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Almost Half of the World Sees Their Area as Gay-Friendly

Almost Half of the World Sees Their Area as Gay-Friendly

WASHINGTON, D.C. -- Nearly half of people worldwide (45%) viewed their city or area as a “good place” for gay or lesbian people to live in 2023. Nearly as many, 44%, said it is “not a good place.”

Acceptance is down from levels between 2020 and 2022, when it hovered around 50%, but it is still more than double the 21% first measured in 2006.

Nordic countries, including Norway (92%), Iceland (90%), Sweden (89%) and Denmark (86%), continue to rank among the most accepting places in the world. Other European countries -- including Spain (89%), the Netherlands (88%) and Malta (87%) -- also top the list, as does Australia (85%).

Nepal (87%), which became the first country in South Asia to recognize same-sex marriage in 2023, remains the only non-Western country among the most accepting nations.


Perceptions of acceptance remain lowest in African and Middle Eastern countries, including several where consensual same-sex sexual acts are illegal, such as Senegal (1%), Gambia (3%), Malawi (4%), Zambia (5%), and Lebanon (5%).


Mozambique Now One of the Most Gay-Friendly Countries in Africa

Between 2022 and 2023, people in 11 countries became more likely to see their area as a good place for gay or lesbian people to live.

This perception increased most in Mozambique, where a new high of 49% say their area is a good place for gay people, up from 36% in 2022.

When Gallup first asked this question in 2006, relatively few Mozambicans (8%) perceived their area as hospitable to gay people, in line with figures recorded in most African countries at that point. Since decriminalizing gay and lesbian relations in 2015, perceptions have become more favorable almost every year. Today, Mozambique is among the most accepting nations in Africa, just behind South Africa (54%).

Double-digit increases were also recorded in Comoros -- where 26% now say it is a good place, up from 16% in 2022 -- and in Malaysia, where 19% say it is a good place, up from 9%.


Perceptions in Belgium (84%) increased by six percentage points, placing it among the 10 most accepting nations in the world in 2023. Increases in Lao People’s Democratic Republic (54%) and Greece (51%) each mark new highs, with majorities in both countries now perceiving their area as a good place for gay or lesbian people.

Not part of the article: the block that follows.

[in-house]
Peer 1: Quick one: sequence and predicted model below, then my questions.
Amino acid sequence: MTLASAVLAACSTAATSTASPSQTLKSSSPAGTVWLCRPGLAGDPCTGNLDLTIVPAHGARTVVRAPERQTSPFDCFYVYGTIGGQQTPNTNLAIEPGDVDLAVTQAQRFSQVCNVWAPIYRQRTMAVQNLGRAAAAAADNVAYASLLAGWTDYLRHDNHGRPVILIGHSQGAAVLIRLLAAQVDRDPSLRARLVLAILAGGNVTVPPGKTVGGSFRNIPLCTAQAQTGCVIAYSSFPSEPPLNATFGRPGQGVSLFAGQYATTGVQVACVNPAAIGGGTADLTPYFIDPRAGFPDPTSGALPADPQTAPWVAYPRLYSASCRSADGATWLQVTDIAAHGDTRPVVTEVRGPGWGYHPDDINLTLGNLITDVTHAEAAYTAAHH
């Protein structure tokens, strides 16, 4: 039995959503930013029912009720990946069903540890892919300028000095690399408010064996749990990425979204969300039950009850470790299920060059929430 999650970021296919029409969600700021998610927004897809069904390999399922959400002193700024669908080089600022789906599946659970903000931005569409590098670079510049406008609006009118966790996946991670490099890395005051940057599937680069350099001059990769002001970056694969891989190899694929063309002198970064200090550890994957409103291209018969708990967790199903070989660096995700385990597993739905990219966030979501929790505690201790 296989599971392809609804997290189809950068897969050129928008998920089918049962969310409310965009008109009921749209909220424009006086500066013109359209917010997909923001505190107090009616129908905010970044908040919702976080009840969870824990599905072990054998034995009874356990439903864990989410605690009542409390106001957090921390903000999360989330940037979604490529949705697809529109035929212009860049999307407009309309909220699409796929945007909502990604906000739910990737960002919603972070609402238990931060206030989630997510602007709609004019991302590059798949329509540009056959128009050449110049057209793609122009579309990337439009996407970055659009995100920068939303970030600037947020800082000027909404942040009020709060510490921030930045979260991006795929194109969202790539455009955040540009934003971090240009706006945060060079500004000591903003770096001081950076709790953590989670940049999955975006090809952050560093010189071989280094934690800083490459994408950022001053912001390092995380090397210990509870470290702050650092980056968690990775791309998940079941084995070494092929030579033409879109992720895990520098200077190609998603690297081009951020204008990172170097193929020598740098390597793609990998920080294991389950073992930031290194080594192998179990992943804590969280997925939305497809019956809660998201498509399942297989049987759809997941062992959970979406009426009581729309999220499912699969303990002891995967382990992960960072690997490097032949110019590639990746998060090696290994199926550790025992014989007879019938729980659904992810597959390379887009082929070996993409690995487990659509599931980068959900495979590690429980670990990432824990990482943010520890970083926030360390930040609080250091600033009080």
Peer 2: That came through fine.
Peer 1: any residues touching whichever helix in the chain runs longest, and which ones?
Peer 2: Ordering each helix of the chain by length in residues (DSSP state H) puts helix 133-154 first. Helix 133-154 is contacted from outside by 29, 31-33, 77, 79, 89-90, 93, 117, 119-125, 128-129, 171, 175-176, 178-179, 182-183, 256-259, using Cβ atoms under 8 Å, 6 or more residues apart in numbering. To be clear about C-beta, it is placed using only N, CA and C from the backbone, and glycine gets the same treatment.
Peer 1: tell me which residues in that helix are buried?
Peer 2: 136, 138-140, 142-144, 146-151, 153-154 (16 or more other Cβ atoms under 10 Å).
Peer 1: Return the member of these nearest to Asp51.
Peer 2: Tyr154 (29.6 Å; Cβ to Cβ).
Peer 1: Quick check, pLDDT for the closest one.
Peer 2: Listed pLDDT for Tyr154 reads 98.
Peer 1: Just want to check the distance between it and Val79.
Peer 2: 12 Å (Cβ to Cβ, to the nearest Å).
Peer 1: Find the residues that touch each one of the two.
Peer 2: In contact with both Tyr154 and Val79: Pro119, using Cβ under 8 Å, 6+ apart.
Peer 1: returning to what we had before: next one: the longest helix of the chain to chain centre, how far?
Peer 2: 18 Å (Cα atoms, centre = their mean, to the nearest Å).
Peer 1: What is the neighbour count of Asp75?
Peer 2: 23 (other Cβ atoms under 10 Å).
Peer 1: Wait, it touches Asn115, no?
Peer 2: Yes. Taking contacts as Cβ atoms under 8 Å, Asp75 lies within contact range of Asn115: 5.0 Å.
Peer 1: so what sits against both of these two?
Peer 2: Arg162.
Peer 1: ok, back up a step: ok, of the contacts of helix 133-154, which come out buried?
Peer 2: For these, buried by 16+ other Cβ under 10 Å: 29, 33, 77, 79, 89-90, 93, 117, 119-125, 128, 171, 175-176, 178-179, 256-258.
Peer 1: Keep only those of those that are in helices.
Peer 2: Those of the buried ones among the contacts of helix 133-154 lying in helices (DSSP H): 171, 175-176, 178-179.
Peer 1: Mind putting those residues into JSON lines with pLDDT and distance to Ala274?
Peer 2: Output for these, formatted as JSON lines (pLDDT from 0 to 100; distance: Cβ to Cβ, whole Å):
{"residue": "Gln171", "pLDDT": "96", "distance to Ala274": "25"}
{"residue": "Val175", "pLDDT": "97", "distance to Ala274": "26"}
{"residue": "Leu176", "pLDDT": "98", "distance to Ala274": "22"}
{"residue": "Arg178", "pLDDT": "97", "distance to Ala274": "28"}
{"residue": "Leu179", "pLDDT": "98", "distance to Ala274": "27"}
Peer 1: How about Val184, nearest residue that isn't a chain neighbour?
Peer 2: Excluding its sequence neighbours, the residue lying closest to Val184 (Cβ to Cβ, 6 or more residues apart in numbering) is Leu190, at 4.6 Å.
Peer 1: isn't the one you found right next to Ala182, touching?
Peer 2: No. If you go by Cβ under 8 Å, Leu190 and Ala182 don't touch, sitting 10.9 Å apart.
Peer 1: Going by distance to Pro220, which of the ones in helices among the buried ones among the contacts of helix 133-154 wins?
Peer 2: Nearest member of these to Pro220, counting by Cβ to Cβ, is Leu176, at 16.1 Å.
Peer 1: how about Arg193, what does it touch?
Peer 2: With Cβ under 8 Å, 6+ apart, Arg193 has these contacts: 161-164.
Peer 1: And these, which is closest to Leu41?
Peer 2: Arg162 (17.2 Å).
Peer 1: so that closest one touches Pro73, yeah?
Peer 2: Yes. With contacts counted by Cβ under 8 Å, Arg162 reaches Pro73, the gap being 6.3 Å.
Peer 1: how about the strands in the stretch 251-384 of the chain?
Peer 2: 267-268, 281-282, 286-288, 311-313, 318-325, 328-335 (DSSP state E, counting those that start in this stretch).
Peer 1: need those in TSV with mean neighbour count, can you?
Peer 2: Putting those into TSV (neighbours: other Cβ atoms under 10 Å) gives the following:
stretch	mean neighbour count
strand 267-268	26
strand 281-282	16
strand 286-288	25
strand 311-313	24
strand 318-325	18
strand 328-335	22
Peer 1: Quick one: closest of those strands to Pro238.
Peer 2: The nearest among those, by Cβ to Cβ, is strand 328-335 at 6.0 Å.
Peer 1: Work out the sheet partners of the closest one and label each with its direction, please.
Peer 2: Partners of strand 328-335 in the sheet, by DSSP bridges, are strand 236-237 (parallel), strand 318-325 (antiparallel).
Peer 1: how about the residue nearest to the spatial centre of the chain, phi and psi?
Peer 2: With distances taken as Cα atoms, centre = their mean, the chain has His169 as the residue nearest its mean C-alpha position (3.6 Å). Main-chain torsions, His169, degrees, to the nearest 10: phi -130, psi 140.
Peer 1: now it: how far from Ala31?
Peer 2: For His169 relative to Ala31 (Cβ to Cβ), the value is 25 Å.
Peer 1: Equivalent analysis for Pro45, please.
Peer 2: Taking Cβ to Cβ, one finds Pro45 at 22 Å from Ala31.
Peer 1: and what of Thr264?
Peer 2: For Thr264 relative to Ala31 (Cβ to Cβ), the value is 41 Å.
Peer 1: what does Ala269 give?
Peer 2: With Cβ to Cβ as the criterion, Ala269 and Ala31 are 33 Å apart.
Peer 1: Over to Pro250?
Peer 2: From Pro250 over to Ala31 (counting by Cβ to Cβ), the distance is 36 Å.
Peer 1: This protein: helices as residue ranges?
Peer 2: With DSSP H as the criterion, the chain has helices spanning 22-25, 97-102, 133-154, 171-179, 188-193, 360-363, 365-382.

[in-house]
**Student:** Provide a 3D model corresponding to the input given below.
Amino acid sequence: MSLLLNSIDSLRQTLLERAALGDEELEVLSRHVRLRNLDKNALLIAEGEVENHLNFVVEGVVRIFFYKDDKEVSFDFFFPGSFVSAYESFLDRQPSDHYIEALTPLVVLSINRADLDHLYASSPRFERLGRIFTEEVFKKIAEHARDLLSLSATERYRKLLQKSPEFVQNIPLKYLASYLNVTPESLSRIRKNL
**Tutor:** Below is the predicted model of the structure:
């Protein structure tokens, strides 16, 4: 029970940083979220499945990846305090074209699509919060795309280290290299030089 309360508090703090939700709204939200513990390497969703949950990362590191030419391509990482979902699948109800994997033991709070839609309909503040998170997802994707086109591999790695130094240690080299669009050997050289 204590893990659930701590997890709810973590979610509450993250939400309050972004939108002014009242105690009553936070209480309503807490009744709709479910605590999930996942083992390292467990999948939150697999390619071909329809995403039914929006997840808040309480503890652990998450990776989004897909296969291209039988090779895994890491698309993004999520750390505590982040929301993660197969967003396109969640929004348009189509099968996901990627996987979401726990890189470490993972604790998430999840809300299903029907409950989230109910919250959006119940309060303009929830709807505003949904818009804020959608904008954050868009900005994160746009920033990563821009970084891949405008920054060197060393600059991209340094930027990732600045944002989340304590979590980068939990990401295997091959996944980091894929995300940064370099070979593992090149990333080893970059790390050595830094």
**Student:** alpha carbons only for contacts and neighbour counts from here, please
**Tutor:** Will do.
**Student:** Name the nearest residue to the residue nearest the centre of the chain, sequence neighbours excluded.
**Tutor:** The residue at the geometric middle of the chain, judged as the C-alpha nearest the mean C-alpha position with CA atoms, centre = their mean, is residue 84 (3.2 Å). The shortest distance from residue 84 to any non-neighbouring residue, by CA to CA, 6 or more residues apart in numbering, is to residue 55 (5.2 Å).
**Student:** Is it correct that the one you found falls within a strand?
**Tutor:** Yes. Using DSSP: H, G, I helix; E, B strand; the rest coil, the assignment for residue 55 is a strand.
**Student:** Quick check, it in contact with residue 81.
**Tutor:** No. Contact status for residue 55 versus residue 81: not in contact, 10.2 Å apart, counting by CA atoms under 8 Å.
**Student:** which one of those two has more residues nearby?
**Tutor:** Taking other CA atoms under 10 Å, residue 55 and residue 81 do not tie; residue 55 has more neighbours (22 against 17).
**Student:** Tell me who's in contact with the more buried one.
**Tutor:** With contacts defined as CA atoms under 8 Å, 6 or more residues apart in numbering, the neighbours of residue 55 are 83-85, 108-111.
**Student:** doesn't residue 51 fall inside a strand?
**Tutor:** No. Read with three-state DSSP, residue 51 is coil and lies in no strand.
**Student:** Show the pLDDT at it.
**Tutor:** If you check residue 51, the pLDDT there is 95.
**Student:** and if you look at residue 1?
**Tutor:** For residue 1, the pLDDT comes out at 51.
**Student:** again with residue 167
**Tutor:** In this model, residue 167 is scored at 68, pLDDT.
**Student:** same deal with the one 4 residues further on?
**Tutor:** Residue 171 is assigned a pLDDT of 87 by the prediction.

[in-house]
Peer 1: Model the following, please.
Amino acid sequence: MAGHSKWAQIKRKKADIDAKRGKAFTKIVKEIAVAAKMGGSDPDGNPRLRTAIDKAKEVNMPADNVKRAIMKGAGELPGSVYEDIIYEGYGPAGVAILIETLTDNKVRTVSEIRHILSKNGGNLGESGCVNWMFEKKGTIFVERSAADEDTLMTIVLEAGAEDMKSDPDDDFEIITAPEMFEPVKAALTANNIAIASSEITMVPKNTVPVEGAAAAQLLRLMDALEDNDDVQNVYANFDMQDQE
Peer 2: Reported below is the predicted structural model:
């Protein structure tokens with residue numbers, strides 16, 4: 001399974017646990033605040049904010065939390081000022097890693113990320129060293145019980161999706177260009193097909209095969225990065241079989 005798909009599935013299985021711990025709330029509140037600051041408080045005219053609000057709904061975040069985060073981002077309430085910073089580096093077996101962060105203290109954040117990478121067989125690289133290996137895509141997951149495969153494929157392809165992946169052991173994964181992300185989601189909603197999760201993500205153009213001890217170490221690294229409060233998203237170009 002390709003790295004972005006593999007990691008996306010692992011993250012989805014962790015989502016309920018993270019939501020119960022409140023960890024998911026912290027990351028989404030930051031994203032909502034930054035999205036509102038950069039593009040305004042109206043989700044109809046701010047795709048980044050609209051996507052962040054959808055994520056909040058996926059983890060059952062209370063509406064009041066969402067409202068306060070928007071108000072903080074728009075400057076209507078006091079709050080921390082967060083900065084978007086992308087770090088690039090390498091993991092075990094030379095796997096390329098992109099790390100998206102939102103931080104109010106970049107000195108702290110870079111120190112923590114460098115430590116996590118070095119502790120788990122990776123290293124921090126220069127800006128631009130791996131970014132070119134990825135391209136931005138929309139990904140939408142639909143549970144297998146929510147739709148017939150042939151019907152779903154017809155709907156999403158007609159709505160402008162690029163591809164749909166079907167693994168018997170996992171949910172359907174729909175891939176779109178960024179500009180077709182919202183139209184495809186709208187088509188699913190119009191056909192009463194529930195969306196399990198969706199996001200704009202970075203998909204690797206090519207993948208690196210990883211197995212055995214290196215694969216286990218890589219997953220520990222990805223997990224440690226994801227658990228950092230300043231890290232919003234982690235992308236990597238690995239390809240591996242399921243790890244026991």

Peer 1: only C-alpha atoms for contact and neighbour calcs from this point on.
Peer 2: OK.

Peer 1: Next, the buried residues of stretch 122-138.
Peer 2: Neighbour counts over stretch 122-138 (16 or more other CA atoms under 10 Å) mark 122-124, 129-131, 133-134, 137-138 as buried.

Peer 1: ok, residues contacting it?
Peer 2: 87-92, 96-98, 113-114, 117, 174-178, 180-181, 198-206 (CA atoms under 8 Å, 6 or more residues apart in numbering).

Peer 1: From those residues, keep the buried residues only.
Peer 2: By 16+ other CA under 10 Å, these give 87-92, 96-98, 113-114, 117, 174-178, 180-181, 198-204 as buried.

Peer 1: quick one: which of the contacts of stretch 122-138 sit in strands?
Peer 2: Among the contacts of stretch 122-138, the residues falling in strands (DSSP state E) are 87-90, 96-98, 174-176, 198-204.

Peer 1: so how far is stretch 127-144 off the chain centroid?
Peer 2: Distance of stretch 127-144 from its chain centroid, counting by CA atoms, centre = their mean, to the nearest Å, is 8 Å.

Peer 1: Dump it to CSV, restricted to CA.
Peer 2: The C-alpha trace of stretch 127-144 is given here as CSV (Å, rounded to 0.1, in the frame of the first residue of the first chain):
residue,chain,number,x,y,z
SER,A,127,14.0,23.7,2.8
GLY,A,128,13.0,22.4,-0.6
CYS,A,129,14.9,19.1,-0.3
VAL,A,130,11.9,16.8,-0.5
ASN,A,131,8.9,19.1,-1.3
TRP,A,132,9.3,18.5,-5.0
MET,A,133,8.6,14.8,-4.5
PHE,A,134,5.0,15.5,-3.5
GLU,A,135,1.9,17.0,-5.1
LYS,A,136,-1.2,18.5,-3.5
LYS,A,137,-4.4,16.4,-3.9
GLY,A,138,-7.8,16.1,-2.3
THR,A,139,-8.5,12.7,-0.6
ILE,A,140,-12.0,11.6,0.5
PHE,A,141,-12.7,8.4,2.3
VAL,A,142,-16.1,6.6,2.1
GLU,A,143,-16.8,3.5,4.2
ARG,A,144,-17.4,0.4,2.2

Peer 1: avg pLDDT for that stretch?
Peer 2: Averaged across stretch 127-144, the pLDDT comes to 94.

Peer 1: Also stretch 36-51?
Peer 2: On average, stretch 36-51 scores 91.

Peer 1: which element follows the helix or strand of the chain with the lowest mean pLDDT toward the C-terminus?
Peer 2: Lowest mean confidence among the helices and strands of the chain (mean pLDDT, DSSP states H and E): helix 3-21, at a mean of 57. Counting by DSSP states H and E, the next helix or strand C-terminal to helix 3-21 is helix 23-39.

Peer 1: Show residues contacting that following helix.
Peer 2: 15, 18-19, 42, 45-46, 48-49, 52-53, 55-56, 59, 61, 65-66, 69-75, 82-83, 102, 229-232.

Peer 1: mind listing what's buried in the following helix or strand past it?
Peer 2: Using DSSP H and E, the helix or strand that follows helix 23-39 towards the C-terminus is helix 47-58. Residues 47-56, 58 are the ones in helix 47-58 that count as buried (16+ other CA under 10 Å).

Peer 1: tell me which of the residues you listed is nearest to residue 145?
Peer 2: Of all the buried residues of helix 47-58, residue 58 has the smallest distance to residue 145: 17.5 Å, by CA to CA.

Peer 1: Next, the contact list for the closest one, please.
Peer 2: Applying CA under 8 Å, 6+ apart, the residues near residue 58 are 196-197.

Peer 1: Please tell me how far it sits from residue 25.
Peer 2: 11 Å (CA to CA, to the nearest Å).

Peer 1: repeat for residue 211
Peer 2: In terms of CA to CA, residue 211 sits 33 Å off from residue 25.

Record highs were also recorded in Cyprus (49%), the Dominican Republic (44%) and Japan (42%). Eastern European countries Slovakia (39%) and Albania (15%) also registered increases in the percentage saying their area is accepting.

Acceptance Drops in a Dozen Countries

Adults in about a dozen countries became less likely to view their area as hospitable for gay or lesbian people in 2023, with a sharp drop in India that contributed to the lower global average. The current 43% recorded in India, the first figure below the 50% mark since 2019, comes as the nation’s Supreme Court declined to make same-sex marriage legal, punting the issue to the Parliament. However, rather than shifting to believing their area is not a good place for gay or lesbian people to live, more people in India said they did not know or had no opinion.

The decline in the global average may also have been influenced by a six-point decrease in China from Gallup’s previous measure in 2021 (which was included in the 2022 global average). In 2023, 41% of Chinese residents said their area is a good place for gay or lesbian people, down from 47% in 2021.

Double-digit decreases in perceptions of acceptance were recorded in Bangladesh (60%) and South Africa (54%) -- though majorities in both countries still perceive their area as a good place for gay people to live.

Meanwhile, Canada (83%) and Italy (68%) remain among the world’s most accepting places despite six-point decreases in the percentage saying “good place” in both countries. Smaller majorities perceive acceptance in Colombia (52%) and Singapore (51%) despite decreases in each country.

The remaining decreases recorded were in nations where perceptions of acceptance were already low, including Lithuania (25%), Benin (13%), Tanzania (9%), Mauritania (7%) and Mali (6%).


Bottom Line

Perceptions of acceptance of gay and lesbian people vary greatly around the world and change over time, often coinciding with developments in a region’s gay rights movement.

Residents’ views of their area’s hospitability have, over time, generally trended toward more positive environments for gay people to live. However, increases in acceptance are never guaranteed to be lasting, as is the case for a dozen countries in Gallup’s latest update.

How residents answer Gallup’s question, fielded since 2006, may not reflect their personal attitudes toward homosexuality but more so their assessment of the area as a place to live for a marginalized group. And their responses are often influenced by social and political victories and losses for the LGBTQ+ communities there.

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For complete methodology and specific survey dates, please review Gallup's Country Data Set details.

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